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This silicone rubber robot can withstand the pressures in the ocean’s deepest abyss

Guorui Li

A silicone robot has survived a journey to 10,900 metres below the ocean’s surface in the Mariana trench, where the crushing pressure can implode all but the strongest enclosures. This device could lead to lighter and more nimble submersible designs.

A team led by Guorui Li at Zhejiang University in China based the robot’s design on snailfish, which have relatively delicate, soft bodies and are among the deepest-living fish. They have been observed swimming at depths of more than 8000 metres.

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The submersible robot looks a bit like a manta ray and is 22 centimetres long and 28 centimetres in wingspan. It is made of silicone rubber with electronic components spread throughout the body and connected by wires, rather than mounted on a circuit board like most submersibles. That’s because the team found in tests that the connections between components on rigid circuit boards were a weak point when placed under high pressure.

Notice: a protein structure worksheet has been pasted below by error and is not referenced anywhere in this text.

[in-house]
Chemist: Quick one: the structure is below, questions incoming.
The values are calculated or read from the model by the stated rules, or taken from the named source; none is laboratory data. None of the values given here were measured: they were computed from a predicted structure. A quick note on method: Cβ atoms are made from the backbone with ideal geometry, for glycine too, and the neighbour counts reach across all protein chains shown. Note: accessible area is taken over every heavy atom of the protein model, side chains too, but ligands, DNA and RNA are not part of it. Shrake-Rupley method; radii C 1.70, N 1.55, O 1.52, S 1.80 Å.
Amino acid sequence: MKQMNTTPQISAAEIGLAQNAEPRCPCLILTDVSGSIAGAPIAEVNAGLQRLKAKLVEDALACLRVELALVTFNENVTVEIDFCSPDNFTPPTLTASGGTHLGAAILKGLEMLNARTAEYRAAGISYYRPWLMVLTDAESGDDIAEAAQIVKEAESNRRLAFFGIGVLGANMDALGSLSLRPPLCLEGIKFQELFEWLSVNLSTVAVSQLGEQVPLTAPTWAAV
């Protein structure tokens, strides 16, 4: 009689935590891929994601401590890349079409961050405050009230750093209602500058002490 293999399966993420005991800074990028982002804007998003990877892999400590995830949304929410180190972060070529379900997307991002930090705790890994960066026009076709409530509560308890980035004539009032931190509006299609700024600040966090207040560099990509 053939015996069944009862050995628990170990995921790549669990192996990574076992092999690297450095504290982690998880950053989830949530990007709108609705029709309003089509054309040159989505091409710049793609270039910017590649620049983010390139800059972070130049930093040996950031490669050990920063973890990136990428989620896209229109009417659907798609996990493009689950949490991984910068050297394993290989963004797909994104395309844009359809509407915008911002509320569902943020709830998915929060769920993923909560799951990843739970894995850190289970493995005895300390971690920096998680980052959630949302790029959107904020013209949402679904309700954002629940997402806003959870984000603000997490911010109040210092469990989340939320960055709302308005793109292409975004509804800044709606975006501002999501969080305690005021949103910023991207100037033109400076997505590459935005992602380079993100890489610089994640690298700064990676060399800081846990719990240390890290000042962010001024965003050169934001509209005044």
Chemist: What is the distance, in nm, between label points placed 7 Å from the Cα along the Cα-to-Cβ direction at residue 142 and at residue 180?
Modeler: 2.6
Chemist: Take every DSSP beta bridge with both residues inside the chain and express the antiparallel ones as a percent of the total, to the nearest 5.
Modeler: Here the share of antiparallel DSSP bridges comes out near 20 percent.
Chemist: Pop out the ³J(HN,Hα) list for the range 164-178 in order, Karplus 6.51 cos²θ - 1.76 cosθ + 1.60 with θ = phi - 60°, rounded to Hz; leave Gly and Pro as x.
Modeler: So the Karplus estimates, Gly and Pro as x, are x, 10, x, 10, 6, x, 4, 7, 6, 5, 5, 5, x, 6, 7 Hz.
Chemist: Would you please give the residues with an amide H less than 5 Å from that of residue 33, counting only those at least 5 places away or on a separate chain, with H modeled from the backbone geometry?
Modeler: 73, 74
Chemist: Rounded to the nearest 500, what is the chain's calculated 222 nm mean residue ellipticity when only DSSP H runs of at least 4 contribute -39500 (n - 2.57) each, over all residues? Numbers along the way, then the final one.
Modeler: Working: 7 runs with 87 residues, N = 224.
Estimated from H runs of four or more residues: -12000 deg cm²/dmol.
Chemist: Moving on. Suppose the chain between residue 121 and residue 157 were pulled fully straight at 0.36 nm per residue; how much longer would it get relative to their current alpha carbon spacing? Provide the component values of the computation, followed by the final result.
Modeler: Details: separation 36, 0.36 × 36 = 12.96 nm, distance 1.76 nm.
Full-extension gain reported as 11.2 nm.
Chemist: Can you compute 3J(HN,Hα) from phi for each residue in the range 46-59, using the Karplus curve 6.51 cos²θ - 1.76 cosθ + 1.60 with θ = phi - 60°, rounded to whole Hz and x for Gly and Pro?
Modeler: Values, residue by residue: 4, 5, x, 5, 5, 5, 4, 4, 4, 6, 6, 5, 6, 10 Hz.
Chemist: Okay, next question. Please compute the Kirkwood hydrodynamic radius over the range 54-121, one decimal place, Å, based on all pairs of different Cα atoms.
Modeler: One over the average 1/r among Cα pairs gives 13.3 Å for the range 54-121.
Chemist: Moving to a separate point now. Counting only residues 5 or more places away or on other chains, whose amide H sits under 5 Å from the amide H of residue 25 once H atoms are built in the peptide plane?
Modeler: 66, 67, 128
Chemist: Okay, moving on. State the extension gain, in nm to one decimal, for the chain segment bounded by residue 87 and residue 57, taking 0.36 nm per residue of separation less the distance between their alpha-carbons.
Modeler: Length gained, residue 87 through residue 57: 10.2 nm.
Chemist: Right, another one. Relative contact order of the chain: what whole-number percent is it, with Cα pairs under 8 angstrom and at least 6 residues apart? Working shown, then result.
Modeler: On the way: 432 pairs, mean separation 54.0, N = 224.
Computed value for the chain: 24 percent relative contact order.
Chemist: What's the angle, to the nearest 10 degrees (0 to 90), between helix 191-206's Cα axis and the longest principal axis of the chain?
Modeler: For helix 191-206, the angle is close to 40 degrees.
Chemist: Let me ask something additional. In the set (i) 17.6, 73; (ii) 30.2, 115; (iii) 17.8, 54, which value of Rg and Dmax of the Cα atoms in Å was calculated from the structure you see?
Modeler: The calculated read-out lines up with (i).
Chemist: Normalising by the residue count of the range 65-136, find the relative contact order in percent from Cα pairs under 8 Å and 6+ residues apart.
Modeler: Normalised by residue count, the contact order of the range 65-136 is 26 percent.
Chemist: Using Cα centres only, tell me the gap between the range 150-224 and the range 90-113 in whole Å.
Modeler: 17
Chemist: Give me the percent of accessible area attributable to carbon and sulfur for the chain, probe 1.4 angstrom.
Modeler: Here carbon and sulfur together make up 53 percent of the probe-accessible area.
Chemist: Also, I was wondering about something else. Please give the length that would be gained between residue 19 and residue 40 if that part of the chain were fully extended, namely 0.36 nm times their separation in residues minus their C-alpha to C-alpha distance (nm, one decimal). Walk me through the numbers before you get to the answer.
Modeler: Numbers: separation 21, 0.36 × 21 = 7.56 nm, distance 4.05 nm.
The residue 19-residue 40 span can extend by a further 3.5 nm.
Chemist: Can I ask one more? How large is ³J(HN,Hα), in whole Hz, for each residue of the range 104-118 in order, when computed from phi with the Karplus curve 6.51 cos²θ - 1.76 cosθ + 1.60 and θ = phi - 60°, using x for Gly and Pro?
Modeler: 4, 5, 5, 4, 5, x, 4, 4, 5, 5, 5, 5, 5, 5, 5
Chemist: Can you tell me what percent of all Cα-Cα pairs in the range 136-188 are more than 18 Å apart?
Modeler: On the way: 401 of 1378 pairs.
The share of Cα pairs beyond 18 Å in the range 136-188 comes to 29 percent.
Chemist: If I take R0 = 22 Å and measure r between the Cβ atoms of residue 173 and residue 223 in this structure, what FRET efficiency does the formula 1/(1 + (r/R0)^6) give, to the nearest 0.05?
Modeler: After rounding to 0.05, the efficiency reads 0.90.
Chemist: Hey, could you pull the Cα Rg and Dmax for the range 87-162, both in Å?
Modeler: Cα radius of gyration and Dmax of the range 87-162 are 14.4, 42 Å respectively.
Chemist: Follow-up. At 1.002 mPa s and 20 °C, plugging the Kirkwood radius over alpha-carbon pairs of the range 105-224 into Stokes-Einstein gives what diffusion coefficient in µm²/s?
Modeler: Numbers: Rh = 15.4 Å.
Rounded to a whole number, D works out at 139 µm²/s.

The robot is propelled through the water by two flapping wings designed to work like the fins of a snailfish, but which are operated by artificial muscles made of a conductive polymer that contracts when an electrical current is applied. This moves the fins in a 6.3 degree arc and pushes the robot forward in the water.

It is designed for deep-sea exploration and has been successfully tested at the bottom of the Mariana trench, the deepest part of the world’s oceans, while tethered to a traditional submersible. It maintained its flapping motion for 45 minutes.

In untethered tests 3224-metres deep in the South China Sea, the robot swam at speeds of more than 5 centimetres a second. Further untethered tests in the Mariana trench are planned once covid-19 restrictions are lifted.

Journal reference: Nature, DOI: 10.1038/s41586-020-03153-z

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